This week we explore the concept of “TV as an app,” which represents a paradigm shift in how TV is accessed by viewers. Of course the rise of Netflix, Amazon, Hulu and others has paved the way for app-based viewing, but an entire TV lineup being delivered via an app to a connected TV device is still a significant change from conventional set-top box-based viewing.

    “TV as an app” got a boost this week with Comcast’s beta release of the Xfinity TV app for Roku. I’ve given it an initial try and provide some observations. In addition, Colin was moderating a panel on video apps this week and shares further insights he heard.

    We then shift focus to this Sunday’s Super Bowl, which will once again feature multiple free streaming options as well as localized dynamic ad insertion in the streams, which is a first. I’m keeping an eye on the ads to see if they offer any meaningful viewer engagement.

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  • Will We See Viewer Engagement in This Year’s Super Bowl Ads?

    This Sunday’s Super Bowl will once again be a showcase for great football and for compelling, creative advertising. As always, advertisers will be spending big to be in the game as the rate for a 30-second spot is approximately $5 million. Add in the cost of producing the ad and pre-promoting it, and the Super Bowl is easily the biggest single advertising investment a marketer makes.

    While the Super Bowl ads will no doubt entertain and move us, the bigger question is, will they engage us? Will they spur us do something beyond saying “Wow, that was cool!” before we shift our attention to the next ad or back to the game?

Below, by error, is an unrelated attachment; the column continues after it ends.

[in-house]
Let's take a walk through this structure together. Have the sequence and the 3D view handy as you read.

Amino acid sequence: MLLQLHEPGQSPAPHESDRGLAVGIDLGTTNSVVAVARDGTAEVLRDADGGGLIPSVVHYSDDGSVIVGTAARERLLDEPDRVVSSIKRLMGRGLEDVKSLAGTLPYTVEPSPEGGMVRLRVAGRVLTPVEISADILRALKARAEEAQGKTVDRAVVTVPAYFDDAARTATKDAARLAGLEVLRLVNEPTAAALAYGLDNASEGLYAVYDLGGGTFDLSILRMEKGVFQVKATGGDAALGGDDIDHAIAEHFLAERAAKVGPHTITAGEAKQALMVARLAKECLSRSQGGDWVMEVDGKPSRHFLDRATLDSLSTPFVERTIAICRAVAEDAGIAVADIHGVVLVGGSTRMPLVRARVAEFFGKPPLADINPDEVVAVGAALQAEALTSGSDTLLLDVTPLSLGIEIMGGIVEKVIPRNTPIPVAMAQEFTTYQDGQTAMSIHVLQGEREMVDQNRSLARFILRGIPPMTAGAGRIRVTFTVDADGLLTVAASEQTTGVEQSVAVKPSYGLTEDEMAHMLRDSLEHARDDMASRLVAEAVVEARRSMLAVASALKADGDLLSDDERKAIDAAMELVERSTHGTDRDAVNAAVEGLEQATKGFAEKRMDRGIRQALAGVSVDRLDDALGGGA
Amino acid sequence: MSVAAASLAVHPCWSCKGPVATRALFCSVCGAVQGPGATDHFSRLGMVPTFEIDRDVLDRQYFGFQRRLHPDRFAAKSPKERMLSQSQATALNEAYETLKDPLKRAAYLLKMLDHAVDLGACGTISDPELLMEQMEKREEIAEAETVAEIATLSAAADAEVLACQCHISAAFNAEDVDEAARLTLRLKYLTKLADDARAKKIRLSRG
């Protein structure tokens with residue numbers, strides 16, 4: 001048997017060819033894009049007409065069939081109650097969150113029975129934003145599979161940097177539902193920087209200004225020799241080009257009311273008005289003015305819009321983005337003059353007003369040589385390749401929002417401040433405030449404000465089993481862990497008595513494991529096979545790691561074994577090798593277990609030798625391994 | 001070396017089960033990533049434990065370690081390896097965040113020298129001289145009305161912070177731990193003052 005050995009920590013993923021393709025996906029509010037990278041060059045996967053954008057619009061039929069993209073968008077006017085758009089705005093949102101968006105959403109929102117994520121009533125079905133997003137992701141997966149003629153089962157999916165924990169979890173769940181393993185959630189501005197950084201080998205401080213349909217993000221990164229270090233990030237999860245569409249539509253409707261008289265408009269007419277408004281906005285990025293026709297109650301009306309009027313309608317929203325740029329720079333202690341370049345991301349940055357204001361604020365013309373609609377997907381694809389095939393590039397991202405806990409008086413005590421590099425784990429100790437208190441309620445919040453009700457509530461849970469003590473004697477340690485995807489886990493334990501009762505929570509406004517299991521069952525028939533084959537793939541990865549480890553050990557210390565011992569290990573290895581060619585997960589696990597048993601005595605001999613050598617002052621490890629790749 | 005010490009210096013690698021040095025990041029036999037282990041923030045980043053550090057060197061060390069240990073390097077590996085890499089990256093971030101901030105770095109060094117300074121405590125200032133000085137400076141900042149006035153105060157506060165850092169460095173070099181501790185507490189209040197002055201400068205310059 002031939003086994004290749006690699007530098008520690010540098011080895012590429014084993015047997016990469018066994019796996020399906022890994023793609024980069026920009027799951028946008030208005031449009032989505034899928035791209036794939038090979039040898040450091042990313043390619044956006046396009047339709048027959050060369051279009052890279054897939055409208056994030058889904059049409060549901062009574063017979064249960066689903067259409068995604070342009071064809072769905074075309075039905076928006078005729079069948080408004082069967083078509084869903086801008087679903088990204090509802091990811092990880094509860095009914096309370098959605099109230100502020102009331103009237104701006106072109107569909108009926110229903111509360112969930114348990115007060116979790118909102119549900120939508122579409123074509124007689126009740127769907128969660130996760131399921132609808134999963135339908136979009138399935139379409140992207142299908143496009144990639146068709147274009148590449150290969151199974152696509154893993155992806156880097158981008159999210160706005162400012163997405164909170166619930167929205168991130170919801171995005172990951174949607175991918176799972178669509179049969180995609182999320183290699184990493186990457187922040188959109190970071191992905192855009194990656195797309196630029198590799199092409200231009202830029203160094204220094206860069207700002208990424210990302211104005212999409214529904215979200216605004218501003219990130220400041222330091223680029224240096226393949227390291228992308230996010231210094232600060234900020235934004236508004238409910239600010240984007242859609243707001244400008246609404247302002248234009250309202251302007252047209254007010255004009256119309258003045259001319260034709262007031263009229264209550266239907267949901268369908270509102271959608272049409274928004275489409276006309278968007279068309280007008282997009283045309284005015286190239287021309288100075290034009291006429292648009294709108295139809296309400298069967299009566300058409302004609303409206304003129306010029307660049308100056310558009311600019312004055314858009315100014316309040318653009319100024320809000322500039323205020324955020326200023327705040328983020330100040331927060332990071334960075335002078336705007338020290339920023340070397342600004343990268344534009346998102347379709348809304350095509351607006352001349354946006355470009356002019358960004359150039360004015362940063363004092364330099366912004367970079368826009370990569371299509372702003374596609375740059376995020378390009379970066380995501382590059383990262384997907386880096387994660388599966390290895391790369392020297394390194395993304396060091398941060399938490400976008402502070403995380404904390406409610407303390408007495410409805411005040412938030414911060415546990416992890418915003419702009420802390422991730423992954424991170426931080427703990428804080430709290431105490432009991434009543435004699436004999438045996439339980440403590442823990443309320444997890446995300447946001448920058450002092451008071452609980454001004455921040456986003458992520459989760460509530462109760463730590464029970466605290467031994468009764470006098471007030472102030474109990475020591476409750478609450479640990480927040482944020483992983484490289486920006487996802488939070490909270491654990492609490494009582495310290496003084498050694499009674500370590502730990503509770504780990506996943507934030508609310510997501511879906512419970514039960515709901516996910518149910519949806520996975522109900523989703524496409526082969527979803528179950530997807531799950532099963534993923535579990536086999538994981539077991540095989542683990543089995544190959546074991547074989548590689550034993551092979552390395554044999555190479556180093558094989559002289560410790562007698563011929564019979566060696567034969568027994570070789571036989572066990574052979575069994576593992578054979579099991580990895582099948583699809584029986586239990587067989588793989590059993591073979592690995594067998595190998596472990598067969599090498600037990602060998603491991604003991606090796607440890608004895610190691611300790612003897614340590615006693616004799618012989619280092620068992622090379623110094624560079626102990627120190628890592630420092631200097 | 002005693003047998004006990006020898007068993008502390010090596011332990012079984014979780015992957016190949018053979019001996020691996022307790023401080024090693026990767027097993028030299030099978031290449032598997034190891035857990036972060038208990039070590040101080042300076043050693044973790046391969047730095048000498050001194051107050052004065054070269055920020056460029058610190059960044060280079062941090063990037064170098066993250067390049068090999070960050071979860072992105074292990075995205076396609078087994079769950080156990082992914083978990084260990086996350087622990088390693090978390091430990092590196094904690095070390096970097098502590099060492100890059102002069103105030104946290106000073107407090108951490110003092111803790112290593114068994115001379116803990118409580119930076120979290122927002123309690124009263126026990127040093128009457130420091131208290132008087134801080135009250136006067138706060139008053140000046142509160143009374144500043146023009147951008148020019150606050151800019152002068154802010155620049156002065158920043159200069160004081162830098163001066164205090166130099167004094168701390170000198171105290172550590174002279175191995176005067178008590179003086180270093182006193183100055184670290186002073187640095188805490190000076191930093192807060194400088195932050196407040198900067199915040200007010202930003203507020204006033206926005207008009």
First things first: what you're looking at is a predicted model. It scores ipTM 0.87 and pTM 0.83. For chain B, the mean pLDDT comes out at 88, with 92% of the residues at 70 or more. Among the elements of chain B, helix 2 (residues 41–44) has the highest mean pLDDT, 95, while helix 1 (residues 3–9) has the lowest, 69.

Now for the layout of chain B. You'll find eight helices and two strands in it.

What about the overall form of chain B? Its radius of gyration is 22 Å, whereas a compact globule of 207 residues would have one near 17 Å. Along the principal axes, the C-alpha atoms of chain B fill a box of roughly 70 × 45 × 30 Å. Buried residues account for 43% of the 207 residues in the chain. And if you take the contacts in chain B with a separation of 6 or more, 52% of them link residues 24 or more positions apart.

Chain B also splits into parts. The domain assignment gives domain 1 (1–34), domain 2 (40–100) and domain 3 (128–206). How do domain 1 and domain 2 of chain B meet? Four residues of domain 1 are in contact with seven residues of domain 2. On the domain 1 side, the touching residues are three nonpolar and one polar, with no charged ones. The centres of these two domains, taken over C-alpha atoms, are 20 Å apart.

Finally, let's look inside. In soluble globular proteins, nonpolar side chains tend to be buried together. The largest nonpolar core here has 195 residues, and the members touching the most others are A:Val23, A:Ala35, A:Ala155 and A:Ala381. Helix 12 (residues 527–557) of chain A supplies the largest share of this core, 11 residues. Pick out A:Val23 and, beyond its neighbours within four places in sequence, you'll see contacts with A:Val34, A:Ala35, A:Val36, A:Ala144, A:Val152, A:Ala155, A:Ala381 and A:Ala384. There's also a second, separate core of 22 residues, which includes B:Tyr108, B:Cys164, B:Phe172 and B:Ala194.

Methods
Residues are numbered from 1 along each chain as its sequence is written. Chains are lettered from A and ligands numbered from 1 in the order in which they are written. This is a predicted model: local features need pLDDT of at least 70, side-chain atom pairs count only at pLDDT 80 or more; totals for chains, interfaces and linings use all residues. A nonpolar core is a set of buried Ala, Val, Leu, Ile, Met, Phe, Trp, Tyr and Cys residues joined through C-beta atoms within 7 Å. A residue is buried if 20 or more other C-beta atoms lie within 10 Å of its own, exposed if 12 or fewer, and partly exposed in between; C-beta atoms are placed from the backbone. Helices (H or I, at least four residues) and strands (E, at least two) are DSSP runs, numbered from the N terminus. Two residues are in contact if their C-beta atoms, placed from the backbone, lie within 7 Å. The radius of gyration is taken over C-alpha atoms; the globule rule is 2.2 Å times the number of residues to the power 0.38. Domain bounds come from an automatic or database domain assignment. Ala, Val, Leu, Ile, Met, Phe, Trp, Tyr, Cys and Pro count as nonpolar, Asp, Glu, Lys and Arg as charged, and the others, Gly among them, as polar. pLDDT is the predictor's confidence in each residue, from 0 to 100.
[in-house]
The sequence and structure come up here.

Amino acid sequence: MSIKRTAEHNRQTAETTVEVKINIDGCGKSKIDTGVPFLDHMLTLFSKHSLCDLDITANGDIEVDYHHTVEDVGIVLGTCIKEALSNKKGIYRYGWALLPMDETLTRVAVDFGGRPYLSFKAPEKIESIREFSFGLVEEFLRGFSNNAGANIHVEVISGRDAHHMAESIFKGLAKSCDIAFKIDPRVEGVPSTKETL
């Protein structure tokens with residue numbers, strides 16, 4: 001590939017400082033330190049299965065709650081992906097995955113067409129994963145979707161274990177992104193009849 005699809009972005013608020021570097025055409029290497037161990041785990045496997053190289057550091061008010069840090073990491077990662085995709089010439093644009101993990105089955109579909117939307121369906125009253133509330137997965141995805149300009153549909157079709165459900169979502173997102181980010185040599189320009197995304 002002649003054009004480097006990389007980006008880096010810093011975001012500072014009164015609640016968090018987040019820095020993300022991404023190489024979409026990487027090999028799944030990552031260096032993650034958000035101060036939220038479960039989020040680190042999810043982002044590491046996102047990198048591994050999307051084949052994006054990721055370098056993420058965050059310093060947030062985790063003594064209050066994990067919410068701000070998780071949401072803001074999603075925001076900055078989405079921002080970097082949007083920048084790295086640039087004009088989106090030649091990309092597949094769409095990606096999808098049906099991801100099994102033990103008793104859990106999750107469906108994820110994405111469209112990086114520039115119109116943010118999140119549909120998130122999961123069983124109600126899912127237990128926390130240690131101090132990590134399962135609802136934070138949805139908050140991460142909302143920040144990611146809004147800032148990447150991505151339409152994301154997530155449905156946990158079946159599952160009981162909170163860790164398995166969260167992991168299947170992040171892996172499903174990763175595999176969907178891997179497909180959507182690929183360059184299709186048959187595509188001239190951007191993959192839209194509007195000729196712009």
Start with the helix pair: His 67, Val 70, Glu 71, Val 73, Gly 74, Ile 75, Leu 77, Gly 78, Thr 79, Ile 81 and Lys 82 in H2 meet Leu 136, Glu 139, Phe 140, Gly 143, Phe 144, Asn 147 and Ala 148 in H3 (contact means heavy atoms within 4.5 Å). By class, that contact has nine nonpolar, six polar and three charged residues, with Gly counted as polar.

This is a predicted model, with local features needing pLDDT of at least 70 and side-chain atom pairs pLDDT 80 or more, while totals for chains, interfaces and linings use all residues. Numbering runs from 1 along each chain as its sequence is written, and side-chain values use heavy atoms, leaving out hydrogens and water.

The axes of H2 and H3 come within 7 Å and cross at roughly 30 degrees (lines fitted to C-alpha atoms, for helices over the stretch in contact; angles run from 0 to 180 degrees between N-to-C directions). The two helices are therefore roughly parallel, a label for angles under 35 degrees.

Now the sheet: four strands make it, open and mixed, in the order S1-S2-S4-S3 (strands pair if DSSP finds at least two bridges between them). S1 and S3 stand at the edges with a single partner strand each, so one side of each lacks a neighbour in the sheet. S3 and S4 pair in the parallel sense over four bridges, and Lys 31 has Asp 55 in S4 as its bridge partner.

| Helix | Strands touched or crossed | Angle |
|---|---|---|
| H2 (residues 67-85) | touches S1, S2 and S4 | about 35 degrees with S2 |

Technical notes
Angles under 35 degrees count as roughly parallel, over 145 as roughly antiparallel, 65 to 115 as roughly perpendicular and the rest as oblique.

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  • VideoNuze Podcast #310: Recapping Super Bowl Streaming

    I'm pleased to present the 310th edition of the VideoNuze podcast with my weekly partner Colin Dixon of nScreenMedia.

    This week Colin and I recap our experiences streaming the Super Bowl to the various devices we tried. As I wrote on Monday, overall I thought the streaming quality was quite strong, with latency being the primary issue. Colin’s experience was more mixed, with his good old over-the-air signal the strongest.

    No surprise, the size of the audience streaming the game set a new record with nearly 4 million unique viewers, up about 60% vs. last year. But I was a bit surprised it wasn’t even bigger given the breadth of OTT options. Unfortunately CBS didn’t provide any details on streaming by device. We discuss the factors that drove audience one way or another.

    With the Super Bowl behind us, all eyes turn to the NFL’s pending OTT deal for its Thursday Night package. There are so many potential bidders in the mix who can leverage the games to their advantage.

    Listen now to learn more!

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  • Super Bowl Streaming Quality Was Strong, But With Inconsistent Latency Across Devices